A Recorder With Everything–Except Ease

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Digital voice recorders are remarkable tools–small enough to slip into a pocket because they record directly to memory chips–including an Olympus DS-30 ($150) that I've been playing with for a couple of months.

COURTESY OF OLYMPUS

This little recorder packs startling capability: It's less than half the size of a microcassette recorder, captures up to 67 hours of sound (four at CD quality), lasts seemingly forever on AA batteries, has a stereo mike that can detach with a cheap extension cord, plays back MP3 files, has an optional remote control, and can store its audio files in seven different folders.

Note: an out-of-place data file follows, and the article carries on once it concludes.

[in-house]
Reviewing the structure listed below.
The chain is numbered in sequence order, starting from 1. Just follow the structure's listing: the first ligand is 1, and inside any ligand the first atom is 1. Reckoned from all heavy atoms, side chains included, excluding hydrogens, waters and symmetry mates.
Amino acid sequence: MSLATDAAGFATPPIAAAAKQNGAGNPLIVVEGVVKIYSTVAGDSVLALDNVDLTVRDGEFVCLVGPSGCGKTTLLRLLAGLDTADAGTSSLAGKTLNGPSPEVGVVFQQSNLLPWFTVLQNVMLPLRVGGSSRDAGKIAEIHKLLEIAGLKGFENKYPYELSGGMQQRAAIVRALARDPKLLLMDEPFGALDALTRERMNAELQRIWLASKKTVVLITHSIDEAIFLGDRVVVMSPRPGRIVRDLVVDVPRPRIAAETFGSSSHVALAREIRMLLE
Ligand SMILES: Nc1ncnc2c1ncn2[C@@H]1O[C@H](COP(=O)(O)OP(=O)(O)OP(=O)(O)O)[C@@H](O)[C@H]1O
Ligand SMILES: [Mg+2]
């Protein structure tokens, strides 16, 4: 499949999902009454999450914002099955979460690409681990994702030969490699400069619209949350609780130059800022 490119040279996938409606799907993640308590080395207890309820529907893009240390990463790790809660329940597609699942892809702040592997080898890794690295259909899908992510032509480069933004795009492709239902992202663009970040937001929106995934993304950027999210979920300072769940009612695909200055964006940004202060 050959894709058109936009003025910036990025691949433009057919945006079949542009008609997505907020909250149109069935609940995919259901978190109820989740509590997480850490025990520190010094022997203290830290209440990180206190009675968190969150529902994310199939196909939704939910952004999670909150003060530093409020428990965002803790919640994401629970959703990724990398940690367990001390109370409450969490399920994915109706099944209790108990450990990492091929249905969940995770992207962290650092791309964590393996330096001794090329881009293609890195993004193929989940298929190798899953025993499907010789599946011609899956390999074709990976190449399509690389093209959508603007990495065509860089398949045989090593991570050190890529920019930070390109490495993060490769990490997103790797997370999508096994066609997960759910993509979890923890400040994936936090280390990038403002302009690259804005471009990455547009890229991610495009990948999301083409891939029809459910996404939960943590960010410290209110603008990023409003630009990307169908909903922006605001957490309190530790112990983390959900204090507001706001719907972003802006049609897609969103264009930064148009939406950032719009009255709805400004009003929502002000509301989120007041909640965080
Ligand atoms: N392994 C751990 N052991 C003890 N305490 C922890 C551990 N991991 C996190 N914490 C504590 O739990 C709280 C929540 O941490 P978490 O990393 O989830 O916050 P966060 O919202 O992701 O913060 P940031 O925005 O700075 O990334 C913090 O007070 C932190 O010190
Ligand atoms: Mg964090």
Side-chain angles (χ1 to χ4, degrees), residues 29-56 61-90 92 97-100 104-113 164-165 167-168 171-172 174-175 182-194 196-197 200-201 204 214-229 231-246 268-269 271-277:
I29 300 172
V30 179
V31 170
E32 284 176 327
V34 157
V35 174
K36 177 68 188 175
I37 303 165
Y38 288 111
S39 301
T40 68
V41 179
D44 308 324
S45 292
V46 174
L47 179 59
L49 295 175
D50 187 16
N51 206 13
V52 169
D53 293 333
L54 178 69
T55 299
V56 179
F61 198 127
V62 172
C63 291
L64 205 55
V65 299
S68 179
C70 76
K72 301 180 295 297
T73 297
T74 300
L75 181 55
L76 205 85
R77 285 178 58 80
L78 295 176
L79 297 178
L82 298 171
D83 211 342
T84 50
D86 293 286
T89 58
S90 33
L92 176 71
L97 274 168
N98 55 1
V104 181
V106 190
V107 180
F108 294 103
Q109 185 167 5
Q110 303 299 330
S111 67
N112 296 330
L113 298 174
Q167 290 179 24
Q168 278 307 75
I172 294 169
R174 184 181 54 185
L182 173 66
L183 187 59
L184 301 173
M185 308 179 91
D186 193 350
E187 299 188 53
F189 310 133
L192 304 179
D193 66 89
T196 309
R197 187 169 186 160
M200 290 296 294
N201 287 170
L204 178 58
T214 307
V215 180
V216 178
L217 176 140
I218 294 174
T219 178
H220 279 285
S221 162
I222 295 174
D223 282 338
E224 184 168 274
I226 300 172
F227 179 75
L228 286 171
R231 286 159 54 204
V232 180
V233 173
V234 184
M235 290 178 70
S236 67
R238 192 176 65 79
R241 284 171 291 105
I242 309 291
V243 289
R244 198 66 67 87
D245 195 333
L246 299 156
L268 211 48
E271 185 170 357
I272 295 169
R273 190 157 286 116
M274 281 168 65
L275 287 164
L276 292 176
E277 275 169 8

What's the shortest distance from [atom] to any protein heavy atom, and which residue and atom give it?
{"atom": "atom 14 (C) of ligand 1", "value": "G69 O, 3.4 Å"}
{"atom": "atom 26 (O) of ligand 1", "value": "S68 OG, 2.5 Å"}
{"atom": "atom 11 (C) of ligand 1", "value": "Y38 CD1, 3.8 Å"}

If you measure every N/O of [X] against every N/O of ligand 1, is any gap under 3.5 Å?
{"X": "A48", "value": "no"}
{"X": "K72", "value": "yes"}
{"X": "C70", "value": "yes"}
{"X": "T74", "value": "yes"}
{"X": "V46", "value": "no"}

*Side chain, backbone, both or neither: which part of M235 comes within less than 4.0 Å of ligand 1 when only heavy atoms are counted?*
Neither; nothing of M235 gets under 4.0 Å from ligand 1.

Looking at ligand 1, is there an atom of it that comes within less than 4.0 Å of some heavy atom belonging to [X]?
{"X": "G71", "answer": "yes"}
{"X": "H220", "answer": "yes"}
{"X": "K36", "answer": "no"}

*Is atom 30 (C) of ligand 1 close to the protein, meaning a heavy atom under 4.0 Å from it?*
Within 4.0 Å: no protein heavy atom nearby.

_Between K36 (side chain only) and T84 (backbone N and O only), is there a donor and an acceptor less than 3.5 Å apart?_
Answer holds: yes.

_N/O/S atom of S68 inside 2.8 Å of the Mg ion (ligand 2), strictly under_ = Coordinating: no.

Please, can I just have something simple to use?

For a year or so, I've had my eye out for a simple, inexpensive, digital voice recorder–something my mom can use to voice her thoughts and memories. She could use a cassette recorder, but then it's a hassle to convert her voice to digital audio, which is easier to catalog, back up, and edit.

Every digital recorder that I've tried has complicated folders, which are simply confusing. Does anyone ever organize audio files on the recorder itself? I don't. The buttons on the Olympus are an improvement–it actually has a "record" button on the side, unlike earlier models I've tried. But its power button (at least it has one, unlike earlier models) is combined with a "hold" button, which still trips me up and surely would do the same to Mom.

Once again, it's tech that's amazing in all its capabilities–and frustratingly complicated.